Tuesday, February 12, 2019

HRH The Dowager Princess de Ligne

HRH Princess Alix Marie Anne Antonia Charlotte Gabrielle of Luxembourg was born at Schloss Berg on August 8, 1929.  She was the sixth and youngest child of Grand Duchess Charlotte of Luxembourg and Prince Felix of Bourbon-Parma.

The princess spent her early years with her parents and older siblings at Schloss Berg.  But the onset of World War II and the German invasion of Luxembourg on May 10, 1940,  led to the family fleeing the country three hours before the Germans marched in.  They were able to find refuge in the United States.  Prince Felix and his six children, arrived in Annapolis on July 25, 1940, on the United States cruiser, Trenton.  They were driven to Washington, D.C., where they were guests of President Roosevelt at the White House.

Grand Duchess Charlotte had remained in Portugal when the Trenton sailed for the United States.  She traveled to London to join the government-in-exile.

After lunch, Prince Felix and the children traveled by train to New York City, as they would spend their first days in the United States at the Long Island estate of Joseph E. Davies, the former minister to Luxembourg.

All of the six children were dressed in gray.  Princesses Elisabeth,18, Princess Marie Adelaide, 16, Marie Gabrielle, 15 and Alix, 11, were all dressed in "light gray flannel coats, cotton blouses, blue pleated skirts and berets, and gray cotton hose."  Their brothers,  Princes Jean, 19, and Charles, 13, wore "gray jackets and shorts."

Alix attended Catholic schools in New York, Montreal, and London before Luxembourg was liberated in 1945 and the Grand Ducal family returned home on April 14, 1945.

It was at the wedding of Alix's first cousin, Archduke Carl Ludwig of Austria to Princess Yolande de Ligne in January 1950,  where she was first introduced to Yolande's brother, Prince Antoine de Ligne.  During the war,  Prince Antoine fled Belgium and joined the Royal Air Force in 1943.  He later joined the Belgian Air Force in exile.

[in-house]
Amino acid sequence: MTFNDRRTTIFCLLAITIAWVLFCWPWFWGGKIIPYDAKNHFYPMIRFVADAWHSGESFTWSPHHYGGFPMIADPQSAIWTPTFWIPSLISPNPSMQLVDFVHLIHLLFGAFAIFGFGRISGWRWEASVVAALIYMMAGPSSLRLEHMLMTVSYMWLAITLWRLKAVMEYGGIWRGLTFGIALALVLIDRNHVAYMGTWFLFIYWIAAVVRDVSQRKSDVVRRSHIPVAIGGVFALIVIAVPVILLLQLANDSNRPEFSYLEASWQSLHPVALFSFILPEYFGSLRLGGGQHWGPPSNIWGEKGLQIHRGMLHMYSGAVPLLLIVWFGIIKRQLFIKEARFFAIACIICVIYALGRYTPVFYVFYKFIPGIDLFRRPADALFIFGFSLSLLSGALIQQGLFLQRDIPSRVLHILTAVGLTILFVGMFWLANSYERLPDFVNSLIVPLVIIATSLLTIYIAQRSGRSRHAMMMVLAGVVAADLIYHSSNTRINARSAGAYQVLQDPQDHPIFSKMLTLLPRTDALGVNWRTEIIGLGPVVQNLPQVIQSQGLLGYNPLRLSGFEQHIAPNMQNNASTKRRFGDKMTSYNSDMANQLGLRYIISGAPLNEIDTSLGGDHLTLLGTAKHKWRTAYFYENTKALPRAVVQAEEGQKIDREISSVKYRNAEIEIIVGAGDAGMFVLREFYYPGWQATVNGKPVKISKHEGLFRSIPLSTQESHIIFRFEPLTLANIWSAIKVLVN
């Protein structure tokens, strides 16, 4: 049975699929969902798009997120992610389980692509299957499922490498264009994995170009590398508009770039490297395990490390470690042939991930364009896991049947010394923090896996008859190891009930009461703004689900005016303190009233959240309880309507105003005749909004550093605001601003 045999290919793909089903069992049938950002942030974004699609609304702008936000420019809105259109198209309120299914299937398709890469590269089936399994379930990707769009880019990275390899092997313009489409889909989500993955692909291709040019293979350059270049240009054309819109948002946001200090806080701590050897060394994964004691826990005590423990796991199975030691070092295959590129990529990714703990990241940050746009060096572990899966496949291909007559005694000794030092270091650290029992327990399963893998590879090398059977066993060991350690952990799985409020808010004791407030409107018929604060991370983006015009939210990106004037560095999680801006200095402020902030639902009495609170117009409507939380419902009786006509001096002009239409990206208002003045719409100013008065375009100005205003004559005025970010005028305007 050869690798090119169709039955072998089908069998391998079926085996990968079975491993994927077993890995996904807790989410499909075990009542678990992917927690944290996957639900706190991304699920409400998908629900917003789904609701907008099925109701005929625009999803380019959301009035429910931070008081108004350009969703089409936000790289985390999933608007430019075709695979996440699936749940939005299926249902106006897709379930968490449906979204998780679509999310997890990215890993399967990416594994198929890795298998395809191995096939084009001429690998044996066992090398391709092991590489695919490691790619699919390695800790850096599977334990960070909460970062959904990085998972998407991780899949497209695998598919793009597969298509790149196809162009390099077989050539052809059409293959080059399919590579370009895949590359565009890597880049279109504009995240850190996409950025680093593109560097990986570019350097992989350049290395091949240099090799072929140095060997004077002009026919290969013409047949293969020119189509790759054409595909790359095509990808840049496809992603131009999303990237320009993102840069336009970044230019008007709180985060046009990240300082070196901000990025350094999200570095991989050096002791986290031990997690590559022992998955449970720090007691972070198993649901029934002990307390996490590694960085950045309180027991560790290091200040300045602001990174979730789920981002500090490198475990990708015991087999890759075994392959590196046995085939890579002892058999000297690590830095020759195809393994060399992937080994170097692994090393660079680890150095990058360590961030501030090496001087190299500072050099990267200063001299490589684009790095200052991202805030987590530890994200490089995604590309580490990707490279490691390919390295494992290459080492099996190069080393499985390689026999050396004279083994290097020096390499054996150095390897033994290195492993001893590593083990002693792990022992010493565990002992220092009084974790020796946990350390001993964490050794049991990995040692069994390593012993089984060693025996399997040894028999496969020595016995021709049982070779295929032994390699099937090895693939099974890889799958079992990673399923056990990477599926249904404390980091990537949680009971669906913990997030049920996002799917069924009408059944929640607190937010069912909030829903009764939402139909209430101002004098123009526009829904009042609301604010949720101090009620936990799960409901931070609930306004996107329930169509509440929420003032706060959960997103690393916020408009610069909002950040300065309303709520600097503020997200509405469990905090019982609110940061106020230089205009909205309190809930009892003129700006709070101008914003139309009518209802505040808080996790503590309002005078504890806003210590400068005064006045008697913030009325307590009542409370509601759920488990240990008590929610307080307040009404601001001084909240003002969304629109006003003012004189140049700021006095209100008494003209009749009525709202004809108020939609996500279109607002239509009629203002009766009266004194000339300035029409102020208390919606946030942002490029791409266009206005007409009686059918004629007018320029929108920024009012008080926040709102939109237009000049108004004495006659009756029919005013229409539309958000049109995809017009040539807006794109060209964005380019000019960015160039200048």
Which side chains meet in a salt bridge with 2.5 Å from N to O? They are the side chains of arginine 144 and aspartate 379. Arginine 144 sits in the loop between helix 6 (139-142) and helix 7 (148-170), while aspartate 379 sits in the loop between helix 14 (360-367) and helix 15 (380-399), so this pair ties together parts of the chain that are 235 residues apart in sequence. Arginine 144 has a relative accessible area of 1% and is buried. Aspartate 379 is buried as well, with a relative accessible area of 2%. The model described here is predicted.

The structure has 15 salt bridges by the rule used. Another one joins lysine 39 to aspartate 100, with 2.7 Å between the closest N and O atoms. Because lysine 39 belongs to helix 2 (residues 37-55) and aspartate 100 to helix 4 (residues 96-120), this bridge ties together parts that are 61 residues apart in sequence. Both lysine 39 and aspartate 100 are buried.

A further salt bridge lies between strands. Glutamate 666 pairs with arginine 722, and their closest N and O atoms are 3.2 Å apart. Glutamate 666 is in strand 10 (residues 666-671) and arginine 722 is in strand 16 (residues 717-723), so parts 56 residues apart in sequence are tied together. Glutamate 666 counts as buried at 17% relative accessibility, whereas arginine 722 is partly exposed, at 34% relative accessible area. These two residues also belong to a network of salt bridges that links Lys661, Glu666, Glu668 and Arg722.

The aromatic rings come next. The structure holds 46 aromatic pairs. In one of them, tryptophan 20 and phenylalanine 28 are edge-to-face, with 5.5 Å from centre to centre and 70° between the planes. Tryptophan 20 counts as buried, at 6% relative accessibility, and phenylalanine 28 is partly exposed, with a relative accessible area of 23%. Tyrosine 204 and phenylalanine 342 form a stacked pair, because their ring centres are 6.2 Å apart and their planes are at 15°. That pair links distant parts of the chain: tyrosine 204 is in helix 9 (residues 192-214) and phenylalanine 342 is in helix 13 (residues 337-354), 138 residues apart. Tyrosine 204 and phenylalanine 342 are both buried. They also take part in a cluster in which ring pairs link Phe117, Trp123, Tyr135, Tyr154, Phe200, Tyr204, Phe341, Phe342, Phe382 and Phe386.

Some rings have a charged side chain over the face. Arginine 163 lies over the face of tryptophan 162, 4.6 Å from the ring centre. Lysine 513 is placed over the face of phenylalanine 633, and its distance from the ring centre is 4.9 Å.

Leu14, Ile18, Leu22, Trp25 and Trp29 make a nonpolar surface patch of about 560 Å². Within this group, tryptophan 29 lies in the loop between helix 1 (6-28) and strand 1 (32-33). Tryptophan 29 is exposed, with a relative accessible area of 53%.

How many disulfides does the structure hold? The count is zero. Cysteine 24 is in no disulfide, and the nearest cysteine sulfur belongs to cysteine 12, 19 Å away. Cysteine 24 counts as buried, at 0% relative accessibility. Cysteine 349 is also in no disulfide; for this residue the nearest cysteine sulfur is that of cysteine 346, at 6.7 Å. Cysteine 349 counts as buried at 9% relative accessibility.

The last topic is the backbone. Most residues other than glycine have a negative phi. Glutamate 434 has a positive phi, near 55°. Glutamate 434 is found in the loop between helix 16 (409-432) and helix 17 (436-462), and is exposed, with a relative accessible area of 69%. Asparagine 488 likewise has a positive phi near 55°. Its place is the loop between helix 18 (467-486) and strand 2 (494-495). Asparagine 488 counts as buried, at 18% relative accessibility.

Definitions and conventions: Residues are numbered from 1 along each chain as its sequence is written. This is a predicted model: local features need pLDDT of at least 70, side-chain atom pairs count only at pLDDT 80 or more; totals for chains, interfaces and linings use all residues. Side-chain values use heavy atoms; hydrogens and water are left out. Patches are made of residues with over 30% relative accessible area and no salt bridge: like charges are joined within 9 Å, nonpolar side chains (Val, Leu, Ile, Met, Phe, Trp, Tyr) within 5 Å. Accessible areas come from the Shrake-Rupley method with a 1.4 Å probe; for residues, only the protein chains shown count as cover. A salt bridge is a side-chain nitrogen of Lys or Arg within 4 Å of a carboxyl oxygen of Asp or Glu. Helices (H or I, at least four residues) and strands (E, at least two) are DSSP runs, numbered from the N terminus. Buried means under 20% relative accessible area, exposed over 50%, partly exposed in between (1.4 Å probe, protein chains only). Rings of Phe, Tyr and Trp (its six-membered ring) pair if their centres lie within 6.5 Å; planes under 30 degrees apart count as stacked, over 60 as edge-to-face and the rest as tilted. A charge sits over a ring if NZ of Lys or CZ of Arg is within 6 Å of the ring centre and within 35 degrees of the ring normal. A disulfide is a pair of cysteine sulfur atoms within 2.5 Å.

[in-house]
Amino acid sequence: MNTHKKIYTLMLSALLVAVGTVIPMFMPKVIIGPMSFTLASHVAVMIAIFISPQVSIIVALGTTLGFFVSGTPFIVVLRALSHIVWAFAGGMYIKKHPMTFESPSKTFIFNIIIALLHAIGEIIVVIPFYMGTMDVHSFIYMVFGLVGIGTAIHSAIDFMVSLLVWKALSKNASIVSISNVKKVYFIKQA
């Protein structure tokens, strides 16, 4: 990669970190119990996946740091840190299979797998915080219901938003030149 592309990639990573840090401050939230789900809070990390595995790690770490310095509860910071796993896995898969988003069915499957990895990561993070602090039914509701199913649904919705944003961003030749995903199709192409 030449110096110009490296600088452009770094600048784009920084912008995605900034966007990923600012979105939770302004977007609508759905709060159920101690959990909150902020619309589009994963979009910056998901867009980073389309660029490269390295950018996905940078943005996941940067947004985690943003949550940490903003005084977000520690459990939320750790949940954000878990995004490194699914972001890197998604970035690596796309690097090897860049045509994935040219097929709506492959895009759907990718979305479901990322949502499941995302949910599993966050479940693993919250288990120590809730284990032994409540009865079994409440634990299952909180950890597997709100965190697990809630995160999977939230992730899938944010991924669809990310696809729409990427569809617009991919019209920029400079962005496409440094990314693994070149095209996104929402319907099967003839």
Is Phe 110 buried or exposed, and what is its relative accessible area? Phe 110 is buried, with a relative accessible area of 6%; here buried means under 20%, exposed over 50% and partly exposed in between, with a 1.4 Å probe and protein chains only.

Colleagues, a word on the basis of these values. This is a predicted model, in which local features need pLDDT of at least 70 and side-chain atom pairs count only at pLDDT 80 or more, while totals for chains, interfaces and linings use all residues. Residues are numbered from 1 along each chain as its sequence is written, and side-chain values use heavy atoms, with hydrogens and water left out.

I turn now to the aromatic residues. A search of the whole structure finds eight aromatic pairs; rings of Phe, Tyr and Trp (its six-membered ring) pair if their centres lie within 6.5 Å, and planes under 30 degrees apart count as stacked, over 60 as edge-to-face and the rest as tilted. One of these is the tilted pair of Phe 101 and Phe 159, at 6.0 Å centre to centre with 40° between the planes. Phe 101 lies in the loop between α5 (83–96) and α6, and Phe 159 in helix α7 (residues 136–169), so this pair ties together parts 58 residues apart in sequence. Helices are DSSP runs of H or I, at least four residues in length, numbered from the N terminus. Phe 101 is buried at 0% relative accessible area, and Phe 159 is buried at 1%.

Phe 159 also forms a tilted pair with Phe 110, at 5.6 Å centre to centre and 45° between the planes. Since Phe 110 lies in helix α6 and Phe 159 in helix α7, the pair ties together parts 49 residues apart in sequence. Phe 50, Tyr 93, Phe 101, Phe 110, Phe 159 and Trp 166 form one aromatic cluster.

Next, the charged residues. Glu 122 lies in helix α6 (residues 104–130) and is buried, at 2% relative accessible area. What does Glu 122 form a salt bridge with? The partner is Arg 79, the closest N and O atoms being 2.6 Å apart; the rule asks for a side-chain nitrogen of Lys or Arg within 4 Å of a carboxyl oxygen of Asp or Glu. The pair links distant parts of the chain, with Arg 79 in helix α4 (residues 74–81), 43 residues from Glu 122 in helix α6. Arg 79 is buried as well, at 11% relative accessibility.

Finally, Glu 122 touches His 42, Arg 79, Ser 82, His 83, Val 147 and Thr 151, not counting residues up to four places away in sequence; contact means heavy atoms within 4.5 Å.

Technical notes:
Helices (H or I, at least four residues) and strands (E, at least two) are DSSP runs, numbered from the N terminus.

Antoine was the younger son of Eugene, 11th Prince of Ligne.  He succeeded as 13th Prince of Ligne in 1985, following the death of his brother, Baudouin, who was unmarried.

Their engagement was announced on April 18, 1950, and the wedding took place on August 17, 1950, Alix was the first of Charlotte's children to marry.

Princess Alix, who was given away by her father, wore a "white satin dress and a white satin train"  Her bridal veil was made of Brussels lace, which was held in place by a "bejeweled diadem, a family heirloom."   Antoine was dress in the uniform as a captain in the Belgian Air Force.

The civil wedding took place in the Grand Ducal Palace and was performed by the Mayor of Luxembourg, who was assisted by four aldermen.  The Roman Catholic service was celebrated in Luxembourg's cathedral.

It was the first time that cameras were allowed into the Cathedral, where the guests included King Leopold III of the Belgiums and his son, Crown Prince Baudouin, as well as the American Ambassador, Mrs. Perle Mesta, who gave the couple "a Steuben crystal case on which was embossed pictures of Paul Revere's ride."

Street parties were held throughout the tiny Grand Duchy.

After their honeymoon, the newlyweds lived at Schloss Beloeil, the de Ligne's family residence.

The couple had seven children:  Michel, 14th, Prince of Ligne (1951), Prince Wauthier (1952), Princess Anne (1954), Princess Christine (1955), Princess Sophie (1957), Prince Antoine (1959) and Princess Yolande (1964). 

Prince Antoine died in 2005.

Princess Alix is survived by her seven children, 19 of her 20 grandchildren and 12 great-grandchildren.  She is also survived by two of her siblings.  Grand Duke Jean and Princess Marie-Gabrielle, Dowager Countess of Holstein-Ledreborg.

all images from the Marlene A. Eilers Koenig collection

No comments: